A decade after their lives took a dramatic turn, current Wellington residents Ringo and Vernessa Rolle look back and wonder what happened and why.
The Rolle family moved to The Acreage in 1995 as a young married couple with big dreams of raising their family while working toward the American Dream. They both worked. Ringo spent more than 20 years in retail management, first for Kmart as an assistant store manager for 15 years, then as a store manager for Walmart for seven years. Vernessa worked as a hair stylist for 20 years at the old Palm Beach Mall before it closed.
Along the way, they raised three kids, as well as several foster children, in the neighborhood right behind Seminole Ridge High School. Their lives were ideal, and they considered themselves lucky.
“It was beautiful there. We had the only house on the corner of 43rd Road North,” Vernessa recalled. “When we first moved there, other people had only property, and they were beginning to build their homes. Our oldest child was three at the time.”
Because Seminole Ridge High School wasn’t built yet, son Bernardo attended Wellington High School before entering the military. The younger children went to neighborhood schools.
“All the kids went to school there. Our oldest daughter graduated from the new high school,” she said. “My girls stayed right there until they finished. My youngest just graduated, and she now attends Palm Beach State College. She loves it here. That is why we stay here in Wellington. All of her friends are here, and we keep them all together.”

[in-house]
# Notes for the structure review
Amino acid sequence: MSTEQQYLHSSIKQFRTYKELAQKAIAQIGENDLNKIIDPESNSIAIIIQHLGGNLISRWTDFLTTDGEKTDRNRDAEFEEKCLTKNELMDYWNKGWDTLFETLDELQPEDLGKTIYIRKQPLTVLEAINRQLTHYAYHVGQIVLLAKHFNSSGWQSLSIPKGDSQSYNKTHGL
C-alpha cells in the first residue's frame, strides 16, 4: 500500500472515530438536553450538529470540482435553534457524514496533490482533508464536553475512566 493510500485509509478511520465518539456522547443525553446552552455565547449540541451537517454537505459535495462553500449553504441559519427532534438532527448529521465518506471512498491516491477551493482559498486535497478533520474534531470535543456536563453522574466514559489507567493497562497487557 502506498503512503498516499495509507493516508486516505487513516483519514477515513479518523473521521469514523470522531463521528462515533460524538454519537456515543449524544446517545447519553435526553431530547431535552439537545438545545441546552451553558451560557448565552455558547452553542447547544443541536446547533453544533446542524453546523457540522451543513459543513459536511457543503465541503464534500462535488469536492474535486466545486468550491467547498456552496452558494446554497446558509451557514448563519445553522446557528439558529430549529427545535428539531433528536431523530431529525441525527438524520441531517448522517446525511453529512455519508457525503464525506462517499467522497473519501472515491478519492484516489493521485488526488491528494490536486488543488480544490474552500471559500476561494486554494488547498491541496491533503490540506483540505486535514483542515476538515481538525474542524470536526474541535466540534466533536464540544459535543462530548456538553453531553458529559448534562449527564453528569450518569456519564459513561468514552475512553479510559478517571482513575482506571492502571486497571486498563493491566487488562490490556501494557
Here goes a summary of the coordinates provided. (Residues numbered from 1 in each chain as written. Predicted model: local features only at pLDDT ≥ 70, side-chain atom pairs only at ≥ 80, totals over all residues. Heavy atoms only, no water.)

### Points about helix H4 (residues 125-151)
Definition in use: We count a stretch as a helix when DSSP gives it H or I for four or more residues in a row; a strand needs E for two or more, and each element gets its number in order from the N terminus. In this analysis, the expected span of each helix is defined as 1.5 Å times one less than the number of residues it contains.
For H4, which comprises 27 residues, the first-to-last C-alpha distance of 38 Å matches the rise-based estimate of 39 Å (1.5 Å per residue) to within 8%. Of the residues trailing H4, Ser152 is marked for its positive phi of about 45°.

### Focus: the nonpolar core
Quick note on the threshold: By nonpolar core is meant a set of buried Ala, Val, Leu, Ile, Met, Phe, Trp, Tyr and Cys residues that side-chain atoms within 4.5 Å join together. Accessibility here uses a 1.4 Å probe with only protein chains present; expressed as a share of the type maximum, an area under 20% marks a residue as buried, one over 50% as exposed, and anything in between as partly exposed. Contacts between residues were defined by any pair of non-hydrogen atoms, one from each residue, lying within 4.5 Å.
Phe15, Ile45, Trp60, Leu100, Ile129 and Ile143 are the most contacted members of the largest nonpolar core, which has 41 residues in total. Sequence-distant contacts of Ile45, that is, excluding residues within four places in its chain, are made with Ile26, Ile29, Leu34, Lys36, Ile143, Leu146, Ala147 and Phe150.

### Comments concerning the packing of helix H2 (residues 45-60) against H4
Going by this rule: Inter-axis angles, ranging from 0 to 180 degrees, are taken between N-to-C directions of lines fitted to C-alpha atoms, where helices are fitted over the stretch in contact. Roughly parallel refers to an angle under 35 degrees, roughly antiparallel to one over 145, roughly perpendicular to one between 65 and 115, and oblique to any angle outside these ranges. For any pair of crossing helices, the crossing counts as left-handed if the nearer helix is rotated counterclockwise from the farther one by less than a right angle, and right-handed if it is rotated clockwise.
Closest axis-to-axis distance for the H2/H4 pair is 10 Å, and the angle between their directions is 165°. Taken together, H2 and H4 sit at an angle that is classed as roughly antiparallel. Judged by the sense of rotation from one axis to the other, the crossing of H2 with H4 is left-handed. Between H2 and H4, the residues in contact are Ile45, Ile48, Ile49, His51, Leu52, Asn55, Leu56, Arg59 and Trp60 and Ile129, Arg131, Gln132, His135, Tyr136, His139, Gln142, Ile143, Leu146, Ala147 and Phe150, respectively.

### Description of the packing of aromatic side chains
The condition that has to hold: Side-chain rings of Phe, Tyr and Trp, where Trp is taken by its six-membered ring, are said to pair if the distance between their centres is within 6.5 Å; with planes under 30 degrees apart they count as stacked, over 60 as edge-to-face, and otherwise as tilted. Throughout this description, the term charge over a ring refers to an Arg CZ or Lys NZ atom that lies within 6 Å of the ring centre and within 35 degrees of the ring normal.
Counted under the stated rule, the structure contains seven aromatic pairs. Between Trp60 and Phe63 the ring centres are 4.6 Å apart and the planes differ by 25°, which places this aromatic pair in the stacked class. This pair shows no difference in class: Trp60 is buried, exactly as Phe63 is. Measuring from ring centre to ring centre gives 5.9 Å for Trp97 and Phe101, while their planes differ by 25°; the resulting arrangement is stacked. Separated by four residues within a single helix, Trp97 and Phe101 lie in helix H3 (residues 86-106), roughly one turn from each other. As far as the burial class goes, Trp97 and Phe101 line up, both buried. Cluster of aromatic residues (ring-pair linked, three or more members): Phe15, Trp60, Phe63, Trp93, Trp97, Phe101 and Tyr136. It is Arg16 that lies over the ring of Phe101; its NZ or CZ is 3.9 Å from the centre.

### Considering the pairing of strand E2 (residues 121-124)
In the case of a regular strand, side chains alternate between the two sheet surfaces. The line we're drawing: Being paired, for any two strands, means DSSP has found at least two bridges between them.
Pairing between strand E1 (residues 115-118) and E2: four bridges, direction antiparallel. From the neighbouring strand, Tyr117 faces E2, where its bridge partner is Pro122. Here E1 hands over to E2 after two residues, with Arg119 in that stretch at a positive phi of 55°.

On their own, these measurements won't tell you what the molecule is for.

Unfortunately, their idyllic life did not last.
“I got sick, and I had my first surgery in 2007,” Vernessa said. “It was long before that that I started having problems with not feeling well. I was in and out of doctors’ offices. Finally, they had a diagnosis for me. I had to have a hysterectomy due to fibroids. When they went in, they found a tumor they had to remove.”
Several other neighbors reported being sick, and a group of them felt it might have something to do with the water. Vernessa reported that water quality had long been an issue.
With no municipal water, all the properties had their own wells. “We kept changing our well pump, maybe two or three times. It kept breaking,” she said. “Then, we got the entire filtration system with the salt. We did everything we could think of.”
This corresponded to the time that a study was underway into the possibility of a cancer cluster in The Acreage.
“A company came into our community to do a study in 2010. A group came in from New York. They had a town hall meeting at Seminole Ridge High School, and everybody who had been sick had to write their names down. They wanted to know who was affected. That town hall meeting was packed,” she said. “A lady from New York really asked us a lot of questions. All the local leaders were there. So many kids were getting sick or had headaches… Even my own kids started not feeling so well.”
That’s when they made the decision to move — a decision complicated by additional health concerns and a difficult economy that hit the real estate market hard.